Boil the leaves in lots of salt and water, just as you would spinach or cabbage. When tender, pour the whole thing into a large sieve, and when the hot water has run off put under a tap, and let the cold water run over it in quantities. This applies to all green vegetables boiled in salt water - cabbage, sorrel, cos lettuce, cabbage lettuce, &c. Then put the endive on a chopping-board, or, if required very smooth, pass through a fine hair sieve; in both these cases return it to the fire after having first put a pat of butter to dissolve with one spoonful of Vienna flour. Do not put the vegetables in before the butter and flour are well amalgamated. When this is achieved, stir the vegetable well up with the butter and flour; let it simmer another fifteen minutes, add a little cream or even milk quite at the last moment to make it soft and pretty. It must not be thicker than a thin puree.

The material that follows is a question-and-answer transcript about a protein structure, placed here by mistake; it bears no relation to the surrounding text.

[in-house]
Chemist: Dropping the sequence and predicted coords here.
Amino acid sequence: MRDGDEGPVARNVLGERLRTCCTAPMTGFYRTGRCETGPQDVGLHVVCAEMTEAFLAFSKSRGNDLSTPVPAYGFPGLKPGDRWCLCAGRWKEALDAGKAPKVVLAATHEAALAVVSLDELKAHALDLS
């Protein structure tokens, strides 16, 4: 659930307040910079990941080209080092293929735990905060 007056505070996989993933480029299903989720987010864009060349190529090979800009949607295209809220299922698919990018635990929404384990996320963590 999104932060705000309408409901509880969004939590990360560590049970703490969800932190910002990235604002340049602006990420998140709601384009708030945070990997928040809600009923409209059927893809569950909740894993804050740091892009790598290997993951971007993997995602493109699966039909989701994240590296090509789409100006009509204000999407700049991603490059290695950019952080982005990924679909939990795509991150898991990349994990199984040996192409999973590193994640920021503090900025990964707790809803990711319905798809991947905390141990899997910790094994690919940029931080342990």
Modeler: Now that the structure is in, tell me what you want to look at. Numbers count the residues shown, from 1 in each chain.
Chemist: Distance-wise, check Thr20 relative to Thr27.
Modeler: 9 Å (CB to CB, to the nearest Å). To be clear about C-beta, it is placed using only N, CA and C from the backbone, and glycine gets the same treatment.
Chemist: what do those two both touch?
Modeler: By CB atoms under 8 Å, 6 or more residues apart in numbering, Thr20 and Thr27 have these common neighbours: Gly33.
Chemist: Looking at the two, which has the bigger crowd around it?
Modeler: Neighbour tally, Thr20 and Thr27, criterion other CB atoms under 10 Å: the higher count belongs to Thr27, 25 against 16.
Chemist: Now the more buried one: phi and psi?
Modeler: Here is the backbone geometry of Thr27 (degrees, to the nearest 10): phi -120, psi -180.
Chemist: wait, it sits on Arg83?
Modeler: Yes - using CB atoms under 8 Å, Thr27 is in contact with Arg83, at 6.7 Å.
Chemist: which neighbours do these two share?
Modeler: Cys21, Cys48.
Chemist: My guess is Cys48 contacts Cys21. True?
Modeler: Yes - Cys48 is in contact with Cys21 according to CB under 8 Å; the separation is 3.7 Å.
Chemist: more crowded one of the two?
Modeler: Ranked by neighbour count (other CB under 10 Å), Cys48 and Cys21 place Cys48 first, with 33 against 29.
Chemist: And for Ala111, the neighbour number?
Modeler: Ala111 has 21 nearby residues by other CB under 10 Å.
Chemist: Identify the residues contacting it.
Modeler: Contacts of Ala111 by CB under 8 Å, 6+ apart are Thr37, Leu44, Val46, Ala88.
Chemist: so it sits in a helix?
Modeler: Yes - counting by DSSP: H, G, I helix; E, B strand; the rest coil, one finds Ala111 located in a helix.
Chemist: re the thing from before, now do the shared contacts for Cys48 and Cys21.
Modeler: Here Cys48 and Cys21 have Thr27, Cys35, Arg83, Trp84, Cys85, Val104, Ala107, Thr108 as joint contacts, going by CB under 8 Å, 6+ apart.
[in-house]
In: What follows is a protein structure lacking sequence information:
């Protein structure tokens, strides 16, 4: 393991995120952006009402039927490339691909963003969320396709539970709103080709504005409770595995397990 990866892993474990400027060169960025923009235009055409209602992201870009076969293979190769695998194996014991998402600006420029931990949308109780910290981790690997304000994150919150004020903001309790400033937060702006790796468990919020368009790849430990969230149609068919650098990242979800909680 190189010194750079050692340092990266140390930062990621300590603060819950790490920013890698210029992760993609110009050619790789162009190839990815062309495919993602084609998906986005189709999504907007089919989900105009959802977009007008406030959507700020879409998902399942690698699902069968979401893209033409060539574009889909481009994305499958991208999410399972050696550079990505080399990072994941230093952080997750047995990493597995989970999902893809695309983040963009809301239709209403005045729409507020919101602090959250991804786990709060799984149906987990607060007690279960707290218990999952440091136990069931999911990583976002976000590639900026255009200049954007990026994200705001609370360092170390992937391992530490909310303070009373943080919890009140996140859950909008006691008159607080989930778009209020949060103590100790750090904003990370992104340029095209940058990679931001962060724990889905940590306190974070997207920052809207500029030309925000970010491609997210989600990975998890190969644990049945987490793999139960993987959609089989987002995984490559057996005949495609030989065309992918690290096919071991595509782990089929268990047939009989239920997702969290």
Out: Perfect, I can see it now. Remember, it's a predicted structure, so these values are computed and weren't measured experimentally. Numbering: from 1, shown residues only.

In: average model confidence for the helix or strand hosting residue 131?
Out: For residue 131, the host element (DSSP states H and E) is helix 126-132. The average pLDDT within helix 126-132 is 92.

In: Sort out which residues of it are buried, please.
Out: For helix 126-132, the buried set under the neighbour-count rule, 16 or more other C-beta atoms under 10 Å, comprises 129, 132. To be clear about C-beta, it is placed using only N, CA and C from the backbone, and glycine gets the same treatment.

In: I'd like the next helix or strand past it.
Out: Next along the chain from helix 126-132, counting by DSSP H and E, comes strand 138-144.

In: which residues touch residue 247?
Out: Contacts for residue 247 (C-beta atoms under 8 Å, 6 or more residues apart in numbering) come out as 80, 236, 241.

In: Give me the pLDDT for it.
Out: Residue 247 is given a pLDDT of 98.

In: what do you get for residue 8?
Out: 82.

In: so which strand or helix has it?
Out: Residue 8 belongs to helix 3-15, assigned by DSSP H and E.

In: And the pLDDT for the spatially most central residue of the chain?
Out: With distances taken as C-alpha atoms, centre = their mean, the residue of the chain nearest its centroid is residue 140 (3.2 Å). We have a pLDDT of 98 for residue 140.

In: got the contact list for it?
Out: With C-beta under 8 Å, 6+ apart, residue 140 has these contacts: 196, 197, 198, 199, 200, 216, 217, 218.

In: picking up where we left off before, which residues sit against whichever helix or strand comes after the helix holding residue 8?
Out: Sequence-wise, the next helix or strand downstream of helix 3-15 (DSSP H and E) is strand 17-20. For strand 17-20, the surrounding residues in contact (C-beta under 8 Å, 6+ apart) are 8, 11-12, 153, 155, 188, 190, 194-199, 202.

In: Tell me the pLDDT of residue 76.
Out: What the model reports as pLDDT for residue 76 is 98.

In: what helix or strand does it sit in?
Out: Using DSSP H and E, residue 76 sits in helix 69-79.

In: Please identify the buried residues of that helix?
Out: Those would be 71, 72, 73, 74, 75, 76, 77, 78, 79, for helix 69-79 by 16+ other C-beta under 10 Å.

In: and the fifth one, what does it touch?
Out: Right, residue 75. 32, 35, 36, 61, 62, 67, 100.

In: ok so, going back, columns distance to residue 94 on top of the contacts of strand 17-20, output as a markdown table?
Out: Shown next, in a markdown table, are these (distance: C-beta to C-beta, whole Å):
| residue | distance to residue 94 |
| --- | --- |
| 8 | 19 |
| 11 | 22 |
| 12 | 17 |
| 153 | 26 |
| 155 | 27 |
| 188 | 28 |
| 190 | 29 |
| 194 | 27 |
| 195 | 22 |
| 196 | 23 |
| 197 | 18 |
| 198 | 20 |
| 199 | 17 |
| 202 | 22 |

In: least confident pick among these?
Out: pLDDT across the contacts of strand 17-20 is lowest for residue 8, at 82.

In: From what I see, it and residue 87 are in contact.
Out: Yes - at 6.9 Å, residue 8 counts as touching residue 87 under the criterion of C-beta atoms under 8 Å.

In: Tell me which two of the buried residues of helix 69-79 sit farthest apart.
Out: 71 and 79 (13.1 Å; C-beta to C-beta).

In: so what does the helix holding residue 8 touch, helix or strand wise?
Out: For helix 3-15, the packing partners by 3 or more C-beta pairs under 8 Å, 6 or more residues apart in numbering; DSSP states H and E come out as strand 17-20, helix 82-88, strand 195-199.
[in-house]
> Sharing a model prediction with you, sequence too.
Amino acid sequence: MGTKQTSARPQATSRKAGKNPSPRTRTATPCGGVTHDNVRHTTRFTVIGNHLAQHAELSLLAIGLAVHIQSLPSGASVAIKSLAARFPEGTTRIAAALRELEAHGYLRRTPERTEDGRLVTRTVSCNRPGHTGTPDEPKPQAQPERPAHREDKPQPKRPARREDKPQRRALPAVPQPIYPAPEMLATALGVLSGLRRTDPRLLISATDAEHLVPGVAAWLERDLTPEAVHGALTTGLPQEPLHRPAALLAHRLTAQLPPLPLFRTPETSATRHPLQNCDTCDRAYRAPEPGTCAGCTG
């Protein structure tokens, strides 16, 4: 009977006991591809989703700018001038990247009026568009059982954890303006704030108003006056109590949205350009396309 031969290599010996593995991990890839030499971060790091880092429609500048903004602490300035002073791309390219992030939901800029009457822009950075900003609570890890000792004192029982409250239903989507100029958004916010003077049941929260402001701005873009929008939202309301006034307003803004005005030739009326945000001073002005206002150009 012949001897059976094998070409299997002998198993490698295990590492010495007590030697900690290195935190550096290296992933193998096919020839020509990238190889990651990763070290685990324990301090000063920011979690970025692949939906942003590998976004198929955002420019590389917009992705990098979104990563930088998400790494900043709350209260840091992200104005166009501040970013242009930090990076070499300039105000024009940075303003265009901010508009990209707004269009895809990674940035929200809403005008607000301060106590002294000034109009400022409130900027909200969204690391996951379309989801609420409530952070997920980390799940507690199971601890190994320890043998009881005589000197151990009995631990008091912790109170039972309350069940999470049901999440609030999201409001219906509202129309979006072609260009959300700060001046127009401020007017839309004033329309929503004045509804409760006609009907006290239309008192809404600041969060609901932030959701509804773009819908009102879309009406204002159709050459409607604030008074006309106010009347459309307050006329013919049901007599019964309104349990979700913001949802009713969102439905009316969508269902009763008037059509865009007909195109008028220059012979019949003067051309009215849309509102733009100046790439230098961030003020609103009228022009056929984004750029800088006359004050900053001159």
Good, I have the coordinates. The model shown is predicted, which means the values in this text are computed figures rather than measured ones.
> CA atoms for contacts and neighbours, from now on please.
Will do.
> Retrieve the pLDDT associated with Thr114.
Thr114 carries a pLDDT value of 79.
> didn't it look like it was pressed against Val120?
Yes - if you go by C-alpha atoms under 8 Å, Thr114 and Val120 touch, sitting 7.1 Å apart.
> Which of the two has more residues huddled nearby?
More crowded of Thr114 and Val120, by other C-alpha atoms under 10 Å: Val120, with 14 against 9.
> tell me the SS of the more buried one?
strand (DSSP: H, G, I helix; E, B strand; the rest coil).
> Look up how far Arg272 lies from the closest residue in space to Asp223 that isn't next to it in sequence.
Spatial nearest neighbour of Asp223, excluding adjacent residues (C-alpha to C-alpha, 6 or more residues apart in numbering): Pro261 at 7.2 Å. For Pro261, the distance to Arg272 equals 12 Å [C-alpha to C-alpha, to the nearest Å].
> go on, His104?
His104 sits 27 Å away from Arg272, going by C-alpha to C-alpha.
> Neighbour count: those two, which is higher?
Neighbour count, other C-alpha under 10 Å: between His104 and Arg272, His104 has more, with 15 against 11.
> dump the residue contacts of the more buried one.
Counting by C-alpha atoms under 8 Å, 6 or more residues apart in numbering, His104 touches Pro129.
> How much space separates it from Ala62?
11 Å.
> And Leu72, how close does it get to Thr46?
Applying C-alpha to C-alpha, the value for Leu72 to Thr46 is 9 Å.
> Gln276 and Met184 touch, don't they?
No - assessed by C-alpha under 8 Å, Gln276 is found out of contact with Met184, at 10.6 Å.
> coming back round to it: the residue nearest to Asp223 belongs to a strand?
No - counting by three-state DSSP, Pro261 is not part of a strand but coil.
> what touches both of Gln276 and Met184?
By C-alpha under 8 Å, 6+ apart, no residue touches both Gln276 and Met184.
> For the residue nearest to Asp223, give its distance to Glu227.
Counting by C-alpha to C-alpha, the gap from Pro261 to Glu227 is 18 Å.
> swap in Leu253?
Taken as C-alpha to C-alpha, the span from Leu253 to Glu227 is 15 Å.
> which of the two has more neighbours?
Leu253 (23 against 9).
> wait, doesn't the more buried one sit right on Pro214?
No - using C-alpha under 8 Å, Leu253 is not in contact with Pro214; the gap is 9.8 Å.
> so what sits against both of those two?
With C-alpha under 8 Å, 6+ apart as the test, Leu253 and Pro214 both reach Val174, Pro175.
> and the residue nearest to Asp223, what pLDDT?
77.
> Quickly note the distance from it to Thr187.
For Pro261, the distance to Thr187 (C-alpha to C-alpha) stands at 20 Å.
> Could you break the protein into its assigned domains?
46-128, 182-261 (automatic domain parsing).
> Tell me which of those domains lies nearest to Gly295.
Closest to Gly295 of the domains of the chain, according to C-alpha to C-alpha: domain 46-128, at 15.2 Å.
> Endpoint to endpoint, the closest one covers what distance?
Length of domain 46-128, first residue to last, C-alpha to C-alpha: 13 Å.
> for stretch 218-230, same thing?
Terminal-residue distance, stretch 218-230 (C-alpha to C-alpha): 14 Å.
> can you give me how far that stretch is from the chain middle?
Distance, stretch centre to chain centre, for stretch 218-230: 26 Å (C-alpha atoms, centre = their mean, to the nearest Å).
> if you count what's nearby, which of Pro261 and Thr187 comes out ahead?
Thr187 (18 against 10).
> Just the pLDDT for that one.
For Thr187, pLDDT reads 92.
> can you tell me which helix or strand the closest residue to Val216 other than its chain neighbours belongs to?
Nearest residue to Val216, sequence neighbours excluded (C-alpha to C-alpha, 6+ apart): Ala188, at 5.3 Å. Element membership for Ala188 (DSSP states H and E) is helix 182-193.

Waxy potatoes, if wanted plain, are best first boiled, and then put in the oven to roast on a tin without fat or butter.

Cut raw well-bleached winter chicory leaves as thin as possible, and mix with hot beetroot for a winter salad.